Bionic Implants

What if you had a GPS in your brain that helped you navigate emotionally? Neuroscientists are working on a battery-powered brain implant that can recognize brain activity associated with the onset of severe depression or PTSD symptoms and then stimulate the brain to produce a healthier output.

Bionics combines biological methods and systems with engineering, design, and technology, creating not only biological structures but also natural functionality. In medicine, bionic implants are not just prosthetics; they mimic the original function very closely. One tool developed is the cuff electrode, an interface that can be attached to human nerves, enabling electrical signals to pass between a bionic prosthetic and the wearer’s limb. Such signal processing can also be used to communicate pressure forces from a prosthetic limb to the wearer’s nervous system as sensory information. Other technologies get sensory input directly to the nerves, as with a cochlear implant, which stimulates the auditory nerve to enable hearing.

What are the challenges? “Everything comes down to space and power,” says Jim Moran of Draper Laboratory in Cambridge, MA.

Medical Nanobots

An emerging area of nanotechnology, nanorobotics explores the development of devices built from molecular or nanoscale parts and ranging in size from 0.1–10 micrometers. These robots are so tiny that they can deconstruct or build things at a molecular level, or even change the molecular structure of an object.

As small as a blood cell, a “swarm” of these micro-machines could theoretically operate within the human bloodstream. Using sensors to find specific molecules, nanobots could be programmed to diagnose and treat certain diseases or to act like blood cells. AI algorithms provide “swarm intelligence” to allow independent yet collaborative functioning. Nanobots may someday contain electrodes to kill cancer cells, use ultrasonic signals to break up kidney stones, or use a micro camera for diagnostic exploration.

Along with technical challenges, nanorobotics designers and engineers will likely face some tricky ethical questions in the potential for causing literally fundamental changes in human lives.

Wearables

“Wearables” are small electronic devices that can be worn integrated with or as an article of clothing. The calculator watches of the 1980s were wearables. Now we have fitness tracking devices like Fitbit and Jawbone, or accessories like Bluetooth-enabled speaker earrings. Imagine a flexible smartphone that can bend into a bracelet—a next-gen smartwatch. And, of course, there is Google Glass.

So, why don’t we see everyone reading texts on their watches? Currently, smartwatches essentially only mirror smartphone capabilities, relaying notifications and capturing data. There are still issues with aesthetics and comfort. Square, clunky watches that overwhelm the wrist are no more appealing than industrial-style eyewear or saucer-sized headphones, no matter how clever they are. And, as with other smart devices, battery life is key.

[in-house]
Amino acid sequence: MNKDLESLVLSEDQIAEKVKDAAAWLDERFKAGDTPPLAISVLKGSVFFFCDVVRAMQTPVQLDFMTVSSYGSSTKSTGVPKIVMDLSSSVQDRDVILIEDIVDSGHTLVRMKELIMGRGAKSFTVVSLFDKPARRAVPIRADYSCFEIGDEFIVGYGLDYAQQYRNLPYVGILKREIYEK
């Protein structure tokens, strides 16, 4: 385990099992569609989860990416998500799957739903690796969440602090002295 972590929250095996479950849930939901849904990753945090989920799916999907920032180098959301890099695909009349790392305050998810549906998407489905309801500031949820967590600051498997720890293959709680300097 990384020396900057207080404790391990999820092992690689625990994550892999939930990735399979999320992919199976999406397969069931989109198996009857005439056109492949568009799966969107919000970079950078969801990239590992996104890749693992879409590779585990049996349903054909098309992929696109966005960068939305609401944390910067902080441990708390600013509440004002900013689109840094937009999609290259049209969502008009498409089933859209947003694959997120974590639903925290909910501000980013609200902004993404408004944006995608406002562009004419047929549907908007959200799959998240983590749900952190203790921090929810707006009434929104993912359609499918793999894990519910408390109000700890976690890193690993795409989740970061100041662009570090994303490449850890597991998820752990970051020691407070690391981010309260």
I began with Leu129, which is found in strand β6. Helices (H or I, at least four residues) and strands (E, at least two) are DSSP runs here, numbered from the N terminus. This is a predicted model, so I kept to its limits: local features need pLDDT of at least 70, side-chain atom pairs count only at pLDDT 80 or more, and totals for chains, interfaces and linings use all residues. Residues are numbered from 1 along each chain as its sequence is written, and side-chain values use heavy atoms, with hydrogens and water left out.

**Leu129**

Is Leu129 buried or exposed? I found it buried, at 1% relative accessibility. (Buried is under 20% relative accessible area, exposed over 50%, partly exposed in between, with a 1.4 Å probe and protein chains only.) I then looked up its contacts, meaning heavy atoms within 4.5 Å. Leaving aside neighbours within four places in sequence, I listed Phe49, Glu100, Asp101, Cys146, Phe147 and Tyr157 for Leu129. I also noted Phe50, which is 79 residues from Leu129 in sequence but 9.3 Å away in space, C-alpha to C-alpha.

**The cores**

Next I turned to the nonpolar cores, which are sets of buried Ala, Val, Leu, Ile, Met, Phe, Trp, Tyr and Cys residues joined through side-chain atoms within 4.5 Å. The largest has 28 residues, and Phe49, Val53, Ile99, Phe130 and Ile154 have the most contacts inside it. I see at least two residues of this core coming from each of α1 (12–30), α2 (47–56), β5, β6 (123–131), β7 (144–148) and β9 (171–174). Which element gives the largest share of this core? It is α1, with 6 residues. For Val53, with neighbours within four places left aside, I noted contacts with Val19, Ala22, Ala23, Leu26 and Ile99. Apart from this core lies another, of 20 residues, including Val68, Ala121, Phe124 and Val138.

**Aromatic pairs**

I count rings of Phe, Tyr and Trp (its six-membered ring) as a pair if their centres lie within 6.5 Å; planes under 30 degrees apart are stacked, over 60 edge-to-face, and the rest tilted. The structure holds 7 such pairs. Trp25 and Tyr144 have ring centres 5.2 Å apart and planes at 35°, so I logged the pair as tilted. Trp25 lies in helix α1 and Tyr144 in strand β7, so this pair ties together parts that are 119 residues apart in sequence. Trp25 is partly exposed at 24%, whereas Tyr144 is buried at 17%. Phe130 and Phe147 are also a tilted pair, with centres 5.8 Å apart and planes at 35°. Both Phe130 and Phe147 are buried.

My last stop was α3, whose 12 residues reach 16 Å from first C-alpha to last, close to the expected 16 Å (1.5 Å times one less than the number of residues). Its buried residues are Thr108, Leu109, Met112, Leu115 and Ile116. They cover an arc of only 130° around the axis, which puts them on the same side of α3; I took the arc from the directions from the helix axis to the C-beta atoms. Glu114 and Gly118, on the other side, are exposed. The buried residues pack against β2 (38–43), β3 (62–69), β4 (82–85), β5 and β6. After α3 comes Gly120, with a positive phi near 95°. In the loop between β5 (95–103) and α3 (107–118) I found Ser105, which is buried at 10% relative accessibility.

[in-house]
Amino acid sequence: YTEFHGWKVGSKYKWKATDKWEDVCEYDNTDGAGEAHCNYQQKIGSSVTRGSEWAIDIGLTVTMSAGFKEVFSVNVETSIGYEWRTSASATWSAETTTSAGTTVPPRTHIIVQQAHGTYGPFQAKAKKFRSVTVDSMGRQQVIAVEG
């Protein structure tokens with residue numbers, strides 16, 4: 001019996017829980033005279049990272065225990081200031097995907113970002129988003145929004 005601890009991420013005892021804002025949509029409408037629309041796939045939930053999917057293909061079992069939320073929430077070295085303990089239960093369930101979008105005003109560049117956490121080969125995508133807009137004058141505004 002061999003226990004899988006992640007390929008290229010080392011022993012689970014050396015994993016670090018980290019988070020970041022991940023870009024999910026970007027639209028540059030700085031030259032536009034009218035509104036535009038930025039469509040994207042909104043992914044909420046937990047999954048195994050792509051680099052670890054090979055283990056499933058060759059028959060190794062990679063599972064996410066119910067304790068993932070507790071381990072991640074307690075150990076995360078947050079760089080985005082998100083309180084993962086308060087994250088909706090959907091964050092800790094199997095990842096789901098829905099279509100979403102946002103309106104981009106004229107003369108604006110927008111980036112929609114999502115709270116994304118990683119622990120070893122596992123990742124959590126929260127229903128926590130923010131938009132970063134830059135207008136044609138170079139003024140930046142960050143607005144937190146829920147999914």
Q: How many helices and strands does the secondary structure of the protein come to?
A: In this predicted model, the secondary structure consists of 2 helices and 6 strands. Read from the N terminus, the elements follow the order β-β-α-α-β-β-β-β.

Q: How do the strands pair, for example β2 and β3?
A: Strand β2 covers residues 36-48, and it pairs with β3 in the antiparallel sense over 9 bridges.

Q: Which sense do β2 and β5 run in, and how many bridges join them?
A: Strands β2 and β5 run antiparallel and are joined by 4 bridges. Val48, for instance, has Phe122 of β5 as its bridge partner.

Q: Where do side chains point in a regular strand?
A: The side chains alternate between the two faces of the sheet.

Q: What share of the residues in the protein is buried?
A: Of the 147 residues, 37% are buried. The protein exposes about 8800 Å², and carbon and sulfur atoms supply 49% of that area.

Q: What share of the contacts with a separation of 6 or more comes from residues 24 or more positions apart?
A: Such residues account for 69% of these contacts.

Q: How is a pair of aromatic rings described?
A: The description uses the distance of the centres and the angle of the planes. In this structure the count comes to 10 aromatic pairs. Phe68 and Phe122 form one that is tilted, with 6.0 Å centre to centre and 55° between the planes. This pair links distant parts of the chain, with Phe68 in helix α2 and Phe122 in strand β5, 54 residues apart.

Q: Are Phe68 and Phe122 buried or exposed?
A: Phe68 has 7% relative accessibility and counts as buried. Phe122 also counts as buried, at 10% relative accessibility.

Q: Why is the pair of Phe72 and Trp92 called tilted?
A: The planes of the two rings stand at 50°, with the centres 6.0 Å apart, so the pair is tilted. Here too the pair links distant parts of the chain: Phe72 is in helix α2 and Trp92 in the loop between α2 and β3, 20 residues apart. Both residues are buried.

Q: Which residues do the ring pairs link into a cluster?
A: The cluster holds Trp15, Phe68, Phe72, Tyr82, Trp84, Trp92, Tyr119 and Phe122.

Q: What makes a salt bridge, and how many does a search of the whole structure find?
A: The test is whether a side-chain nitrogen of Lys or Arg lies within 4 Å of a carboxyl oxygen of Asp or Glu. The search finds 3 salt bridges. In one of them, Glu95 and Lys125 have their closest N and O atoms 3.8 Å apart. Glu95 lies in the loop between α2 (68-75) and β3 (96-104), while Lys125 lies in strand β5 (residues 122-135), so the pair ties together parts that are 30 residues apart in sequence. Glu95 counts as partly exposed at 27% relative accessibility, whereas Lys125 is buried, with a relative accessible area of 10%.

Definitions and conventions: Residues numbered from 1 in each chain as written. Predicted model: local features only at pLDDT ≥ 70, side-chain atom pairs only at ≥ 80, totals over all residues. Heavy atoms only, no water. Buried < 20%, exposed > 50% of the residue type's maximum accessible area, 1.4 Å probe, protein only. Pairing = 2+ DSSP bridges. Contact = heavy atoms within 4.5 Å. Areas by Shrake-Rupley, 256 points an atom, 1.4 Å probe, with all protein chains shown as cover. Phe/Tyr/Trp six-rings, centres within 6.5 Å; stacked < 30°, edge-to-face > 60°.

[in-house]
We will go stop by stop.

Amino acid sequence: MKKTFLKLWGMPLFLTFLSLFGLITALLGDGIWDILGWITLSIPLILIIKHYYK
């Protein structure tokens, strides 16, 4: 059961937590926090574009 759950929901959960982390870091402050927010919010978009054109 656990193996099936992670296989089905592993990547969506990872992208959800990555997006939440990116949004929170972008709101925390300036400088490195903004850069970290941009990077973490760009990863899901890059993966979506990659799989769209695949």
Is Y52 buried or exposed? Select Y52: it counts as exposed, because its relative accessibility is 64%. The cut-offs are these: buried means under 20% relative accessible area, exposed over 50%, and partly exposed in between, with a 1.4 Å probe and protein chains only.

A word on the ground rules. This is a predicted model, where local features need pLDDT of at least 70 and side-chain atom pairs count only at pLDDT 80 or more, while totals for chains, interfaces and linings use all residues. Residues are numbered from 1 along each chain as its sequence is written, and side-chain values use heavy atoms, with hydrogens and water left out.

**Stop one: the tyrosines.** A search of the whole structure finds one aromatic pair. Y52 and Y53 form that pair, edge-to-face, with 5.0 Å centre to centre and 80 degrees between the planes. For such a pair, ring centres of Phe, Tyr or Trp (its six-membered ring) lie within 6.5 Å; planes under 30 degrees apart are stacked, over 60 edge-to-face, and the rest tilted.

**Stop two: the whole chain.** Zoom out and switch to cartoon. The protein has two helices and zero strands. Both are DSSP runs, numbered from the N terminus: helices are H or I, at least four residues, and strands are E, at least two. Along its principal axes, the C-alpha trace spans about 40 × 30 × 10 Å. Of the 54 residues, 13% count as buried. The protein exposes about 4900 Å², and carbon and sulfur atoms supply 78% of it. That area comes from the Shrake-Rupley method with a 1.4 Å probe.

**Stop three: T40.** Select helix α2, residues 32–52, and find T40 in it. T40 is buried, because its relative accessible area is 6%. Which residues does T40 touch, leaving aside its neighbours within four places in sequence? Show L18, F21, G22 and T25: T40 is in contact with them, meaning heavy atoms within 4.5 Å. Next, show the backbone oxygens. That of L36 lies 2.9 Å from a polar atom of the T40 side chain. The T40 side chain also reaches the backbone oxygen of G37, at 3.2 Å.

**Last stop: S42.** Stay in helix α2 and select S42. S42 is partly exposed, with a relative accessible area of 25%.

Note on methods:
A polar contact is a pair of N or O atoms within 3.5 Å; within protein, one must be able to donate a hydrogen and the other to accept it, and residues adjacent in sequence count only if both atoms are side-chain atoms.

Climate Engineering

With increasing scientific understanding of global warming, geoengineers have been exploring ways to mitigate its effects by intervening through climate engineering. Experts agree that no single approach will solve the climate change problem. Climate engineering models are aimed at removing carbon dioxide (a “greenhouse” gas) from the atmosphere and offsetting the effects of greenhouse gases by reducing the amount of solar radiation that the Earth absorbs. Climate engineering proposes strategies both simple, such as using pale-colored roofing materials (“cool roofs”) and highly complex, as in deploying a huge, space-based solar umbrella. To reduce atmospheric CO2, trees have been planted and oceanic phytoplankton growth has been stimulated through iron fertilization experiments.

Though we know that climate change must be addressed, climate engineering raises complex social and political concerns. What if it slows the momentum of efforts to reduce carbon emissions or the search for non-fossil fuels, for example? Climate engineering also raises ethical questions regarding its global impact and the balance of innovation, vision, and hubris in technological applications.

The Internet of Things

The Internet of Things connects inanimate objects across the Internet to improve (and disrupt) our lives in innumerable ways. Constellations of wirelessly connected sensors collect and transmit all sorts of data through devices and services. The IoT’s impact spans industries, government, education, and nearly infinite consumer applications. Designing for this expanding universe requires fluency beyond product and interaction design principles and adaptive business models. The challenge lies in designing within ecosystems of interconnected products, services, devices, and experiences—but that isn’t where it ends. The more devices we connect, the greater the security risks, and the increased complexity could exclude the people who need it the most. It remains to be seen whether the IoT will simply become a playground for the wealthy or the realization of Orwell’s Big Brother, or if it will change lives for the good.